What do Sonoran pronghorn antelope, desert bighorn sheep, and California condors have in common? They are threatened, priority species for San Diego Zoo Global conservation initiatives in Baja California, Mexico, and are united under a new community-based conservation initiative of the Conservation Education Division at the San Diego Zoo Institute for Conservation Research.
The extraordinary Baja California peninsula contains a unique array of biodiversity that is a nature lover’s paradise. However, much of the biodiversity is threatened due to increasing human activities, and we must place ever-more importance on working with the local people to become protectors and stewards of the land. You may have caught wind of the program “From the Ridge to the Reef” (Del mar a las montanas in Spanish) in the September 2014 issue of ZOONOOZ, as we are excited to team up with researchers working all over Baja to help address the human dimension of conservation of these important species.
There is one species, in particular, so close to extinction that we felt compelled to begin work with communities immediately. On the eastern side of the Baja peninsula in the northern Gulf of California (or Sea of Cortez) exists the most endangered marine mammal in the world. The vaquita marina Phocoena sinus, a type of porpoise, is inadvertently caught in nets intended for fish and shrimp, including a lot of illegal fishing, and recent population estimates are at fewer than 100 individuals.
We have begun working with teachers and students in San Felipe, BC, and our last trip to San Felipe was a huge success. Our new postdoctoral fellow, Jenny Glikman, and I conducted a teacher-training workshop with 15 teachers from 4 different schools. This involved brainstorms and discussions on current and future implementation of environmental education activities, the adaptation of curriculum developed specifically for the Ridge to Reef program, and teacher-led creation of conservation project proposals that their students will implement and share with the community. We have also begun collaborating with local organizations already on the ground and part of the community, including the Intercultural Center for the Study of Deserts and Oceans.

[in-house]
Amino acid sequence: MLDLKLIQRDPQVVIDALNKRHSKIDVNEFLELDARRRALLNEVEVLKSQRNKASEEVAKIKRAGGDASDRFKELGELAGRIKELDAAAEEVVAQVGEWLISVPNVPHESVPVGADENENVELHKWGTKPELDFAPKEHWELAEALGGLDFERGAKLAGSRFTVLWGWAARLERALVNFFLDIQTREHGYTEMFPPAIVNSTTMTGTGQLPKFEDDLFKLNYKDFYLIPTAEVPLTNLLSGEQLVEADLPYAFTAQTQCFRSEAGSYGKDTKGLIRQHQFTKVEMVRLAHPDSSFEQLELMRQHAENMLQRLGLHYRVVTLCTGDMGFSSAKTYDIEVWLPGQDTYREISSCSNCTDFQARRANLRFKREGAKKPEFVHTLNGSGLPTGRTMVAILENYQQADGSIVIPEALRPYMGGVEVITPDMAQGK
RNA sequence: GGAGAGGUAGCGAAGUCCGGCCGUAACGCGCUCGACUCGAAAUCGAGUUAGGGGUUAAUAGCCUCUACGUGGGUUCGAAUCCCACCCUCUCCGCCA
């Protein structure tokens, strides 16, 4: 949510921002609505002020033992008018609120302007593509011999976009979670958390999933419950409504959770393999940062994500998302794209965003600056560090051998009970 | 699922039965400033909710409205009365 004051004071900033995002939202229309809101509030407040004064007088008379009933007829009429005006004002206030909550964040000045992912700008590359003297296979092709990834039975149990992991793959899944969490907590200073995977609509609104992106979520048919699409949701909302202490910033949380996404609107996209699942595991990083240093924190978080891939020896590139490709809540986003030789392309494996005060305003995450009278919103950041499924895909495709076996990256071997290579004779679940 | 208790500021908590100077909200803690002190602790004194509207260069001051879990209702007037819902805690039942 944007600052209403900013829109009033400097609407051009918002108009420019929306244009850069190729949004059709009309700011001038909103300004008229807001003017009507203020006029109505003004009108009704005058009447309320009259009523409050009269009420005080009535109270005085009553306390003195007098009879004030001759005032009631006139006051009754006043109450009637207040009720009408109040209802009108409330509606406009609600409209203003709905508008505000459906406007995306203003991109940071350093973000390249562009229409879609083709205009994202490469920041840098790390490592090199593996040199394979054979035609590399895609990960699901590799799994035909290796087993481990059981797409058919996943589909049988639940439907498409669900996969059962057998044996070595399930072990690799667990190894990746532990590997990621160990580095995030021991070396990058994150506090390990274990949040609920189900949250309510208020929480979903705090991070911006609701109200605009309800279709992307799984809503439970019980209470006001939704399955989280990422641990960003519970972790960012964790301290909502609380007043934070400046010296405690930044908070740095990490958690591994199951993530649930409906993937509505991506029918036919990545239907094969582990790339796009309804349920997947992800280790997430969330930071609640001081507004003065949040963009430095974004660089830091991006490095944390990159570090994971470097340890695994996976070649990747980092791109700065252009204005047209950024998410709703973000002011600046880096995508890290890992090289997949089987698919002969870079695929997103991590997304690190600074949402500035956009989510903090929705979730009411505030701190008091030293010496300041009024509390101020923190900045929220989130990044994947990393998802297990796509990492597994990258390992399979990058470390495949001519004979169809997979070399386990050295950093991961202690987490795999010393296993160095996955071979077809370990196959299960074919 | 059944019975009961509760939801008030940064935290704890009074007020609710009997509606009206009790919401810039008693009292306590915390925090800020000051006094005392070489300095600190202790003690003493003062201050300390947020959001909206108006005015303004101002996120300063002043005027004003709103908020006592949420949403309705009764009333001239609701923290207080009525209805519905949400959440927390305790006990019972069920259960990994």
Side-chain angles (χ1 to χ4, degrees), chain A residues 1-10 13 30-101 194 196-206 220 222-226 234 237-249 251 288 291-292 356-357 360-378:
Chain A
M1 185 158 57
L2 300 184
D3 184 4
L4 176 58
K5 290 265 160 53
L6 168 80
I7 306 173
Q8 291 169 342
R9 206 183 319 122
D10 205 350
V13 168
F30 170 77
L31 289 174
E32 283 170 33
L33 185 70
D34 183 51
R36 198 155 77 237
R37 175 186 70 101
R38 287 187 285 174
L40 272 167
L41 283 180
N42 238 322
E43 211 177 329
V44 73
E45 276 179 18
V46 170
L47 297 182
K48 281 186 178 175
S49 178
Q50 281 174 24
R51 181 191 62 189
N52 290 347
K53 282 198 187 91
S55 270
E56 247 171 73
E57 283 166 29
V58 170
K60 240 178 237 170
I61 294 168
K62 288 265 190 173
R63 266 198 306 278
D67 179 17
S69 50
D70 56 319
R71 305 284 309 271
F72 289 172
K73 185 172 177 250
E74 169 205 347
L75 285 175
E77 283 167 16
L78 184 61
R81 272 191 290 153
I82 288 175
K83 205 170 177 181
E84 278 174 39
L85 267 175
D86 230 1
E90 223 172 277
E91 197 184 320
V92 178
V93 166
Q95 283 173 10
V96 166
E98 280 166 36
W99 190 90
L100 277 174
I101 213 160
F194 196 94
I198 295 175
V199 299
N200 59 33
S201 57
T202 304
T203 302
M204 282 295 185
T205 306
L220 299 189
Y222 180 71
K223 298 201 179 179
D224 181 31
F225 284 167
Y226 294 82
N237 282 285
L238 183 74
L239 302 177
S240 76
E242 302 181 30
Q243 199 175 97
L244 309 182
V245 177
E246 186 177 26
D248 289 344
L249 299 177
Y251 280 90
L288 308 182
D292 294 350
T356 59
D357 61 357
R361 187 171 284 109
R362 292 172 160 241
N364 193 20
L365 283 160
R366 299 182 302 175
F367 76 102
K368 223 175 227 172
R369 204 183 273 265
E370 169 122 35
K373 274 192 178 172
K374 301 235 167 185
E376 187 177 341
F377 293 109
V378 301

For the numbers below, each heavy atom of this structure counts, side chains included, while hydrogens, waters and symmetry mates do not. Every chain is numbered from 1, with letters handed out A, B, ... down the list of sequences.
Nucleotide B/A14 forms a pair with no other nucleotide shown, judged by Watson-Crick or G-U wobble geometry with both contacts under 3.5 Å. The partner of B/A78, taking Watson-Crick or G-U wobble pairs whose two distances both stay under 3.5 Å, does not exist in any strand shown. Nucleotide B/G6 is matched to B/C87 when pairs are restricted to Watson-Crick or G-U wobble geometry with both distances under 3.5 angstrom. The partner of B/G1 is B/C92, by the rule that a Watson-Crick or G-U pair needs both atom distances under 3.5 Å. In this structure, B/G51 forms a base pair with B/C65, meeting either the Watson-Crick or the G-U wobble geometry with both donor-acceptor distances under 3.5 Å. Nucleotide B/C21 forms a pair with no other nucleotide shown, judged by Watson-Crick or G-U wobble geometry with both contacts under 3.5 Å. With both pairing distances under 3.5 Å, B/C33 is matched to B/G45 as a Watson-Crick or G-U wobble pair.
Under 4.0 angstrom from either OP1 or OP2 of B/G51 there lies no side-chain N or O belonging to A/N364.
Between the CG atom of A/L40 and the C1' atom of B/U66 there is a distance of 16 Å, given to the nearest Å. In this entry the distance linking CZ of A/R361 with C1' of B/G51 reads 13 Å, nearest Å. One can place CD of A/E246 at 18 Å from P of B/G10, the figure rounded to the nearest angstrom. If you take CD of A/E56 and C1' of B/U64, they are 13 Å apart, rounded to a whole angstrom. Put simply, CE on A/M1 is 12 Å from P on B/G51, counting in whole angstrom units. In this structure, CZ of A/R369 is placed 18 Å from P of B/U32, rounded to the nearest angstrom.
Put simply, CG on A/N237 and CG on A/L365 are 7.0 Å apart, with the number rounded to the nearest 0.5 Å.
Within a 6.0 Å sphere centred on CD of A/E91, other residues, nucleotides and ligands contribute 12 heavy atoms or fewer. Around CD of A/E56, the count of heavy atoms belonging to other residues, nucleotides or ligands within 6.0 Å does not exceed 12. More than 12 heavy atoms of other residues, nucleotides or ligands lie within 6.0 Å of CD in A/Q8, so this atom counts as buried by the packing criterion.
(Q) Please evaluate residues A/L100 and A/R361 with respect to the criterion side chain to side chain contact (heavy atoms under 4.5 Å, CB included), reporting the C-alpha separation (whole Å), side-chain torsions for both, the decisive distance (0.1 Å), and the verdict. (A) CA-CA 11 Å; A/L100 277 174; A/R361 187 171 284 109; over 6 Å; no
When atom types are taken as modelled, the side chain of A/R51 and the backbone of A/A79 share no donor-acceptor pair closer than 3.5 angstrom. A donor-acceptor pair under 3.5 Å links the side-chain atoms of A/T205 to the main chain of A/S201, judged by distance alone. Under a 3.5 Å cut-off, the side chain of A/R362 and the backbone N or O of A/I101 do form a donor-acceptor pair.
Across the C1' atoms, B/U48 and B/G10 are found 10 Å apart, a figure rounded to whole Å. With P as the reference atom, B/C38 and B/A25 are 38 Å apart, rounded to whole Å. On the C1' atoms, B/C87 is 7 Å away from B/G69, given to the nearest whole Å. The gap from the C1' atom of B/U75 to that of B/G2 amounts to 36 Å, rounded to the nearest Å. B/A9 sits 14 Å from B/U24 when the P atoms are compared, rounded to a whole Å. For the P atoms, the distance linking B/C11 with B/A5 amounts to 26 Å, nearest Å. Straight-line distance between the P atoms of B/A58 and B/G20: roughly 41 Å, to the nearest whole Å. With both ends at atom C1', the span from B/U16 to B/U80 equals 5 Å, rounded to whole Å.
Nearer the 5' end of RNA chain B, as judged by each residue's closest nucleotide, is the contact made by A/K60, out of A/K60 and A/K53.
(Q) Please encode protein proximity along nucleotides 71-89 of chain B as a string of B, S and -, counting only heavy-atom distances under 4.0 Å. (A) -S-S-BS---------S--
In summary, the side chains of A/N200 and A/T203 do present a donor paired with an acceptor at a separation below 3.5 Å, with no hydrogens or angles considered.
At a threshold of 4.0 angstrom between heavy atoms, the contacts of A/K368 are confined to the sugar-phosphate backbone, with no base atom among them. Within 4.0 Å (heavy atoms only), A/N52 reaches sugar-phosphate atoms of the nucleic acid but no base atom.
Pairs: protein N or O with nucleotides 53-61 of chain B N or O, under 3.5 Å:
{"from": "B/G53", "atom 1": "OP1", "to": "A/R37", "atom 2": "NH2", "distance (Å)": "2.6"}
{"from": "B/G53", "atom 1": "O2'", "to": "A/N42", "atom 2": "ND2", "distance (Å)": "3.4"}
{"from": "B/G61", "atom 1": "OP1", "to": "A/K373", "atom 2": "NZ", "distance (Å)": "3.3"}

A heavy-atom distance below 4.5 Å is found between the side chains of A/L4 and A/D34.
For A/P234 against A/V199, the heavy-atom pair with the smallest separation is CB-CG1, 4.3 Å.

We are working with UCSD’s Engineers for Exploration (E4E), who are developing technologies to take photo and video of vaquitas, as we have nearly none. In September, David O’Connor of Conservation Education collected water visibility measurements to get an idea of clarity where the cameras will be deployed. Read more about this in a special blog by the E4E crew themselves!
This is still the beginning of what is shaping up to be an exciting collaboration between a variety of scientists and local teachers, students, and those who make a living from fishing, and there is hope for the future of the vaquita and Baja’s treasures. You can help by sharing information about the plight of the vaquita (find out more here), supporting the San Diego Zoo Global Wildlife Conservancy, and purchasing products coming from sustainable fisheries (the United States is one of the largest markets for Mexican fish and shrimp). With less than 100 of these beautiful, mysterious, and ecologically important porpoises left, urgent action is required, and culturally conscious, grass roots, community-based conservation—whether local to San Diego or international—is how we’re going to make a stand against disappearing species.
Samantha Young is a senior research technician with the San Diego Zoo Institute for Conservation Research. Read her previous post, Across the Pacific in 60 Days.